Long snapper Wesley Horky accompanied his punter to a private lesson two years ago with 17-year NFL veteran Craig Hentrich.
Hentrich’s eyes nearly popped out of his head after the first snap that day.
“He was already as good as any snapper who ever snapped to me,” said Hentrich, who played four years at Notre Dame before an NFL career that included a Super Bowl victory with the Green Bay Packers.
“It was amazing for a high school sophomore who never had a formal lesson of any kind.”
Horky, from Ravenwood High School in Brentwood, Tenn., was planning to walk on at Tennessee before Oklahoma called with a scholarship offer last month.
The 6-foot-2, 210-pound long snapper signed after visiting Norman, completing a journey that began when Horky became his pee-wee team’s snapper by default many years ago.
Horky was too big as a fifth grader to play any skill positions, so he was the team’s center and then, naturally, took over the long snapping duties.
“The other coach and myself just kinda showed him how to get the ball back, and it turned out he was good at it,” said Brad Horky, Wesley’s dad.
When he got to high school, Horky attended several Kohl’s specialist camps around the region and began to gain notoriety as one of the recruiting class of 2014’s best long snappers.
The Ravenwood High team wasn’t very good Horky’s sophomore and junior seasons — it finished 2-8 and 3-7, respectively, those years — but that actually worked to Horky’s advantage.
“He’d get anywhere from seven to nine snaps a game, just on punts because we weren’t scoring touchdowns,” Brad Horky said. “We’d go to these camps, and some guys would come from undefeated programs but only have five to 10 snaps all year.
“Wes was doing that in a game.”
Horky started at tight end his junior year, then started both there and at defensive end his senior season, but knew his future was as a long snapper.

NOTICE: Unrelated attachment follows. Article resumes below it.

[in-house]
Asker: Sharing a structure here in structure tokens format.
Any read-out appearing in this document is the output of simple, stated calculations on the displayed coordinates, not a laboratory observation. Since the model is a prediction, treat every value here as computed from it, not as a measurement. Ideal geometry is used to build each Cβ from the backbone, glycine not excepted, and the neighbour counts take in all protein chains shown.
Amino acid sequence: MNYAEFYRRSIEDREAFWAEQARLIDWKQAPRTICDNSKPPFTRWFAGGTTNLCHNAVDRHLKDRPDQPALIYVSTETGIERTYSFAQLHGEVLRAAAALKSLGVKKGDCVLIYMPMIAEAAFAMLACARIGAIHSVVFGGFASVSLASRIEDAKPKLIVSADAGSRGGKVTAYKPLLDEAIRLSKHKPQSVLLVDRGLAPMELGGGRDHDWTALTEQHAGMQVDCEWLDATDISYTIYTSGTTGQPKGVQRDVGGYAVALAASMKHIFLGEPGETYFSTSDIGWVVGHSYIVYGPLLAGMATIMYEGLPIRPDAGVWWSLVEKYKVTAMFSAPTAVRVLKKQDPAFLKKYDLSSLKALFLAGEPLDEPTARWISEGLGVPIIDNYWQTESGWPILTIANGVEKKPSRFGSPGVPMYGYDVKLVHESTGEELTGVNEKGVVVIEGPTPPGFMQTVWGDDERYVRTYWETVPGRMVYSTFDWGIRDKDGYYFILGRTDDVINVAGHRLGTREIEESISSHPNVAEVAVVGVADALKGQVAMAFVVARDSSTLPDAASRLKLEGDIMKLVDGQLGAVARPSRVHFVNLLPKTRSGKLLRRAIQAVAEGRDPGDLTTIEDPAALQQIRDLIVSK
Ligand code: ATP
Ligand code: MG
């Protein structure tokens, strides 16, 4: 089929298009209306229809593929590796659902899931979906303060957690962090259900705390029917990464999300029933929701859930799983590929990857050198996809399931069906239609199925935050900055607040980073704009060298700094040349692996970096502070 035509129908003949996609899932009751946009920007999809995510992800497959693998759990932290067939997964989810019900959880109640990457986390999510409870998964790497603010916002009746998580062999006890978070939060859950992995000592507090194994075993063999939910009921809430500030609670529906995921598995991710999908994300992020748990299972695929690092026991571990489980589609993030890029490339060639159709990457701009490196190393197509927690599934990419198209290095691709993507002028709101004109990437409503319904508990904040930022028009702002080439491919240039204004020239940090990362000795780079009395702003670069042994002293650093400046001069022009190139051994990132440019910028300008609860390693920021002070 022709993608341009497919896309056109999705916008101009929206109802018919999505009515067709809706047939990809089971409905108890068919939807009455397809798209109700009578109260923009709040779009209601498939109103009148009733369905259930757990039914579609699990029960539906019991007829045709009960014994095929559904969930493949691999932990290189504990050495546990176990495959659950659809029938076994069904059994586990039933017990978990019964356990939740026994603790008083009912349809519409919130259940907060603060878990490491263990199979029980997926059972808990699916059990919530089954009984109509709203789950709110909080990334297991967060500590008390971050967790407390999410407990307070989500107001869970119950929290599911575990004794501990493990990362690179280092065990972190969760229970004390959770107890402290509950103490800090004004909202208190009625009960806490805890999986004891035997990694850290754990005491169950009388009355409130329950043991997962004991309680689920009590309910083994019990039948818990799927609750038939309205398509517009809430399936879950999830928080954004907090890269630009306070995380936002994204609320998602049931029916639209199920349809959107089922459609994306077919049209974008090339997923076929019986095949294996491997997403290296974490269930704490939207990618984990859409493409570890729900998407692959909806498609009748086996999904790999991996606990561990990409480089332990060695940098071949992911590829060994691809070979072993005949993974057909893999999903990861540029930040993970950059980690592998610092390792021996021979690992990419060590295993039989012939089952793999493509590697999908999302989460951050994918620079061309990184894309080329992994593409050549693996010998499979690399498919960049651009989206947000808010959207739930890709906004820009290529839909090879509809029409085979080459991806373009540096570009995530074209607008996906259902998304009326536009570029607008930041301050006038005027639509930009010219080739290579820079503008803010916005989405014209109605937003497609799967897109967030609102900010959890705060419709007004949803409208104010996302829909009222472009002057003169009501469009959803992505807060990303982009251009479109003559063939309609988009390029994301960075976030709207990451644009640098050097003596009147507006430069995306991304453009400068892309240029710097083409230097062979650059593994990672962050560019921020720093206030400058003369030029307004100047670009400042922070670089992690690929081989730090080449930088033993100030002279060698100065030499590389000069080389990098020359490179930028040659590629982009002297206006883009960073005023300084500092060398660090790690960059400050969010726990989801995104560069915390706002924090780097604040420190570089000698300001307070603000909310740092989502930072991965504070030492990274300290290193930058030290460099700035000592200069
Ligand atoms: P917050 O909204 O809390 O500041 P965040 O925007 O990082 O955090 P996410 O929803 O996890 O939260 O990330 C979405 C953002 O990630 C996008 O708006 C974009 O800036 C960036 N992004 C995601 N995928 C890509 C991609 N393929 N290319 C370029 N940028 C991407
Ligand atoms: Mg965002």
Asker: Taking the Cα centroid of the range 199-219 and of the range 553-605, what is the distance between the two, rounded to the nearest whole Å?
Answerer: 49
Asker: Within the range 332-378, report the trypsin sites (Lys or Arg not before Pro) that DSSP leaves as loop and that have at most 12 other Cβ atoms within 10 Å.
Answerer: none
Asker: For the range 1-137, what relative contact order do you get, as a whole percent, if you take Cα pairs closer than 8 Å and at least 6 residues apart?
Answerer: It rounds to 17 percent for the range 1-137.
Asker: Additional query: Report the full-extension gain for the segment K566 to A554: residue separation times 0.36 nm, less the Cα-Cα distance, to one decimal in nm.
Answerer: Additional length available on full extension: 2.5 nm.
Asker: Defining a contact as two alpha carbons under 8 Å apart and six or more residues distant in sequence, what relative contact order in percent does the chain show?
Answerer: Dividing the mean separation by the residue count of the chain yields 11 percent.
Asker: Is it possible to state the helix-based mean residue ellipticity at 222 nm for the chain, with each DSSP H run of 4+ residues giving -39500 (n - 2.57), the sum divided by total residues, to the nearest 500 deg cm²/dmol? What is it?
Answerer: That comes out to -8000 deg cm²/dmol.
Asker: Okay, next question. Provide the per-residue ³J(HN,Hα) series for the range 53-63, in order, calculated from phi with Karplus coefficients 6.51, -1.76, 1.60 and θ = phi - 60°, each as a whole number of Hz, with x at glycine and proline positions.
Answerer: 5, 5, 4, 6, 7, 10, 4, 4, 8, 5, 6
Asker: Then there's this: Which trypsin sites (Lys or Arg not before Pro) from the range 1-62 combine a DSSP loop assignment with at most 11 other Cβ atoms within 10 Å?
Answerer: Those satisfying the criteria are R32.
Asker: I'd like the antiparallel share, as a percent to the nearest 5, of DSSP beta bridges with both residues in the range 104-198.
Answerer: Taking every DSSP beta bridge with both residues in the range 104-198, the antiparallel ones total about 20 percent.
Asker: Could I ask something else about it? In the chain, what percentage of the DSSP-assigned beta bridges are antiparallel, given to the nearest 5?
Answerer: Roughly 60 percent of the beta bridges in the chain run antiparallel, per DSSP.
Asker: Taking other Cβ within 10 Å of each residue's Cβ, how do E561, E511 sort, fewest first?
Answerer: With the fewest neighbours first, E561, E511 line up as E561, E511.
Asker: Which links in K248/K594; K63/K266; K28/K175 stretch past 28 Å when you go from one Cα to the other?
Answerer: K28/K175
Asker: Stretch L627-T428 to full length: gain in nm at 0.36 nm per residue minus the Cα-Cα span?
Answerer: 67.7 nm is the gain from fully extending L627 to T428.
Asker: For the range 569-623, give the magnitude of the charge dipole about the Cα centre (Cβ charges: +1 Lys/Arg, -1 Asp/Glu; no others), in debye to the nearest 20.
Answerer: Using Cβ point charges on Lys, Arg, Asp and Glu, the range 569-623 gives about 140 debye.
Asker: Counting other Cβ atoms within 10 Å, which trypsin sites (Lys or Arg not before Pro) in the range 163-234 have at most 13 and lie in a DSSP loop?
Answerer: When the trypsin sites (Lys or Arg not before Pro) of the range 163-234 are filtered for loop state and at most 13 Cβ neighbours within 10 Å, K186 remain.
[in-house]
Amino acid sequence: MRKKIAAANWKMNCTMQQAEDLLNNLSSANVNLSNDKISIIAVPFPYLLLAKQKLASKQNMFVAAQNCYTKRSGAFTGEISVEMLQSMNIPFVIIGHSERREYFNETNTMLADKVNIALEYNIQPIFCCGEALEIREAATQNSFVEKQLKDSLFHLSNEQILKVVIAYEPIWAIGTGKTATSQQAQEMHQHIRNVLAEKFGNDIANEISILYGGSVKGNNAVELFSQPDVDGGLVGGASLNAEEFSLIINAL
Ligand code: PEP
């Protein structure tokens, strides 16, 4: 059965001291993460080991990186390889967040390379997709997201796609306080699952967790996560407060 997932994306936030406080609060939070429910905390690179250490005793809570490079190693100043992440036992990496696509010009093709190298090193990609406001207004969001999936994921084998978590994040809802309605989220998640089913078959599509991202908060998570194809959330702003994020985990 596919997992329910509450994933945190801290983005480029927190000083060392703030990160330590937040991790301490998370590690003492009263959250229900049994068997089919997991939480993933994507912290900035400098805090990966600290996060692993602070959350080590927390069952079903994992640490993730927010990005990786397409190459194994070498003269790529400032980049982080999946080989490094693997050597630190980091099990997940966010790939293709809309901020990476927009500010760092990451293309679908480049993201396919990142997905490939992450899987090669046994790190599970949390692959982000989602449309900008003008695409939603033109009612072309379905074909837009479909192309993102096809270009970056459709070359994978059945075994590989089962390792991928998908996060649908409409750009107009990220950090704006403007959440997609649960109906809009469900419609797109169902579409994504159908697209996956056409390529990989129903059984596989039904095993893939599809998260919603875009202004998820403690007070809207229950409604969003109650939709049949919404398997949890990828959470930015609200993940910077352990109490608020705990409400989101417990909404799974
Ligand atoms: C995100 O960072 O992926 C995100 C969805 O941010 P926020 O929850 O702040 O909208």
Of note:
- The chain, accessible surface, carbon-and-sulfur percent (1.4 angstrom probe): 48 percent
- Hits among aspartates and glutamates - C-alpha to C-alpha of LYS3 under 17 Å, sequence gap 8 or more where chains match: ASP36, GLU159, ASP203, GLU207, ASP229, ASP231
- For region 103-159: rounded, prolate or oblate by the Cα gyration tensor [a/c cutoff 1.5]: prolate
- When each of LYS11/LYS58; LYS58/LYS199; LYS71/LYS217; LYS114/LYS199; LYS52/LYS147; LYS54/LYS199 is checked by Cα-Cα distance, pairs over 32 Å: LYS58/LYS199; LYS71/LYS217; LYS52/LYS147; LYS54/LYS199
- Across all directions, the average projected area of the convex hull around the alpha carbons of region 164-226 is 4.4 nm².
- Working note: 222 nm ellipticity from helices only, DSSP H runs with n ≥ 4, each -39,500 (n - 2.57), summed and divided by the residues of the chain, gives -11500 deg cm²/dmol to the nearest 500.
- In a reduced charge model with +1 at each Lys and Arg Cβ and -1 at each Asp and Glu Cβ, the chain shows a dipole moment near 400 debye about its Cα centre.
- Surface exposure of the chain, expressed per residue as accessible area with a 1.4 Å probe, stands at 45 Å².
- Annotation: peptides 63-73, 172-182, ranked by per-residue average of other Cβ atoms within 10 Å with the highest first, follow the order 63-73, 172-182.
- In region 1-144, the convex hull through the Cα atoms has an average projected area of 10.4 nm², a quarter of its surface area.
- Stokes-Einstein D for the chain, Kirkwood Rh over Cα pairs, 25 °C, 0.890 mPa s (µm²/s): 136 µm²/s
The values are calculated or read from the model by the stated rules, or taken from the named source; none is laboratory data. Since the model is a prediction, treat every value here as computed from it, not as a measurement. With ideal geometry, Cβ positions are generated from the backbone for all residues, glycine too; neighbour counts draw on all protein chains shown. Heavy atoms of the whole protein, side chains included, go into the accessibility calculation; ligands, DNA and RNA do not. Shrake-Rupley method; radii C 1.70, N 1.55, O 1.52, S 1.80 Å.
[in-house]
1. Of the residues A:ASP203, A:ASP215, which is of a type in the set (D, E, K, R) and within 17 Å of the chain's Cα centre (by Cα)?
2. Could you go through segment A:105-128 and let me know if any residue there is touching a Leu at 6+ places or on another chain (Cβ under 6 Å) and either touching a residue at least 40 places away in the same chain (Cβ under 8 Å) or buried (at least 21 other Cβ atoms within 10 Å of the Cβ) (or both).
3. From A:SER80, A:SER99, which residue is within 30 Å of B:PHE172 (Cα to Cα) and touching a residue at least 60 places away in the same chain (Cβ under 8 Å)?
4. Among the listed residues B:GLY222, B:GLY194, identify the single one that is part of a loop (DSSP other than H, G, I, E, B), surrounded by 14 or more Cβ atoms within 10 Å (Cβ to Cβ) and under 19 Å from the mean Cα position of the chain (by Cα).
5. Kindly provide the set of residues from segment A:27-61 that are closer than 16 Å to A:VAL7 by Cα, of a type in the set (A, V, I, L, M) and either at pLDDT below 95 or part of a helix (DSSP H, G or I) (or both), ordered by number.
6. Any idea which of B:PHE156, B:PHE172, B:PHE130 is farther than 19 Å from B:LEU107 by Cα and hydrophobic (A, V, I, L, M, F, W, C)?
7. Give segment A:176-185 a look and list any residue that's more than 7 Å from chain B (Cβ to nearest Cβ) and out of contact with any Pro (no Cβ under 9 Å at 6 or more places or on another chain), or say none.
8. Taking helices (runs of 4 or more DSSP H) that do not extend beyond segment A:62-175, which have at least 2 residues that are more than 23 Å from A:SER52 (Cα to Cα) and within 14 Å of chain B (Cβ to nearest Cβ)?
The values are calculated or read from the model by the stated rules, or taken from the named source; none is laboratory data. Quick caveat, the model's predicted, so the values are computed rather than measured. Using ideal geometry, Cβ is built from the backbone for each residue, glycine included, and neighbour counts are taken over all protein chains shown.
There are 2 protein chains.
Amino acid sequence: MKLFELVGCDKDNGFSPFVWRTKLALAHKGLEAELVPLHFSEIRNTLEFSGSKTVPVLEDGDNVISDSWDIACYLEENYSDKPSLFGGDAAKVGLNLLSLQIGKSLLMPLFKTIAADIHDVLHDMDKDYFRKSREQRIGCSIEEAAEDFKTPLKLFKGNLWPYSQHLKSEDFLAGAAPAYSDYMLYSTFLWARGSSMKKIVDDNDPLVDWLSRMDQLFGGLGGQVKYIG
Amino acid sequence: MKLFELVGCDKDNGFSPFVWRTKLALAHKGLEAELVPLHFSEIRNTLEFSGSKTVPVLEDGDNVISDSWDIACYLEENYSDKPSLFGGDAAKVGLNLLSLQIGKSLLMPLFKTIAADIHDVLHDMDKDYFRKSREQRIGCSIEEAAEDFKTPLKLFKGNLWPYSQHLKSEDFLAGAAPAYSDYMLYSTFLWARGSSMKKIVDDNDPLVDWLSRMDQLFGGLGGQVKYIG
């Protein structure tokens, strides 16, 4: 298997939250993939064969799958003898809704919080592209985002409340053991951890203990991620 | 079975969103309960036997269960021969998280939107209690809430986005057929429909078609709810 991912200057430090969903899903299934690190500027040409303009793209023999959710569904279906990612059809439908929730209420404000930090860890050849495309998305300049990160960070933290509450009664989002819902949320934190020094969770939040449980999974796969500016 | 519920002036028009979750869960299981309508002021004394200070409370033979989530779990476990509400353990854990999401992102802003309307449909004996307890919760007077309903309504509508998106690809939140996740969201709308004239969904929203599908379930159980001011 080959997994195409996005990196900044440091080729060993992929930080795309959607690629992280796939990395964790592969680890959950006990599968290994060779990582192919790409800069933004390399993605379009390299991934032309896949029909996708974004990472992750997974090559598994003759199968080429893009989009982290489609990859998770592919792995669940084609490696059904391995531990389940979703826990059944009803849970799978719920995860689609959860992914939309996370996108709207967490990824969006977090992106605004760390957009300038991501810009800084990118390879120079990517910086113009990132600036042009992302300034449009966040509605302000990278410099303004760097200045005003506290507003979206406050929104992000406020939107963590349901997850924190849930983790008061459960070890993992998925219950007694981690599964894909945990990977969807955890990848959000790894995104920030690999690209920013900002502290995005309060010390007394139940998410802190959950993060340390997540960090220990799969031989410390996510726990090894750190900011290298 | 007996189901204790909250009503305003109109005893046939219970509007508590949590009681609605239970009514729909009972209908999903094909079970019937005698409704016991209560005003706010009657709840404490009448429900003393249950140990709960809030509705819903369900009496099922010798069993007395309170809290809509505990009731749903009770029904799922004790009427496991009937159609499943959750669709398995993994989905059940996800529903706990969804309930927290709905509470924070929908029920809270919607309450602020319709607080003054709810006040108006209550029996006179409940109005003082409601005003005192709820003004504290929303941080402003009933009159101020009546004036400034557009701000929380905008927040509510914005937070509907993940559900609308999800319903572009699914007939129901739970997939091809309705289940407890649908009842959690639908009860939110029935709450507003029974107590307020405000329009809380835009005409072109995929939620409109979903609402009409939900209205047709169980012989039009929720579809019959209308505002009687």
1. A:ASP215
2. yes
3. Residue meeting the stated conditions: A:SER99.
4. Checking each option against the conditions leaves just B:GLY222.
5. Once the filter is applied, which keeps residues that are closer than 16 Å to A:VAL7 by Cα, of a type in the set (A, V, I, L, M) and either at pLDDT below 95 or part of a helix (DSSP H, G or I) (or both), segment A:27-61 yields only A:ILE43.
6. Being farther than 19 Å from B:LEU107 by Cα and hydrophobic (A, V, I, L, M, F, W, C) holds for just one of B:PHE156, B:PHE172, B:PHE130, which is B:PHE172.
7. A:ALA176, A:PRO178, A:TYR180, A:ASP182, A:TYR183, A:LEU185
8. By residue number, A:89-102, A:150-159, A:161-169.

Hentrich, who played his final 12 NFL seasons with the Tennessee Titans, retired in 2009 and started Legacy Kicking, a business based out of Nashville, Tenn., that tutors kickers and punters all over the country.
After that first meeting, Hentrich regularly called and asked Horky to provide snaps during his private lessons in the Nashville area.
“Quite honestly, I’ve really never seen him throw a bad snap, and I’ve seen hundreds of his snaps,” Hentrich said. “His balls are super easy to catch. As a punter, catching good spirals is really what we want to do, and that’s what he’s so good at. Every one of his balls is a perfect spiral.”
Horky picked up an offer from Murray State, a Football Championship Subdivision program in Kentucky, but wanted the chance to play big-time college football and committed to become a preferred walk-on at Tennessee.
But a few weeks after National Signing Day, OU special teams coordinator Jay Boulware called to say he had a scholarship for Horky.
He visited in late February and signed before he left.
“I just fell in love with OU,” Horky said. “The players, the coaching staff, the whole nine yards. It’s awesome.”
He fills an important need for the Sooners, too, with long snapper Austin Woods graduated. Oklahoma has rarely awarded scholarships to long snappers right out of high school, but coach Bob Stoops said Horky’s special skills made him an exception.
“It’s something we really need with Austin being gone, and the positive with Wesley is he can really cover too,” Stoops said. “Woody was awesome snapping the ball but getting down and covering people wasn’t a big part of his game.
“We’re fired up about him.”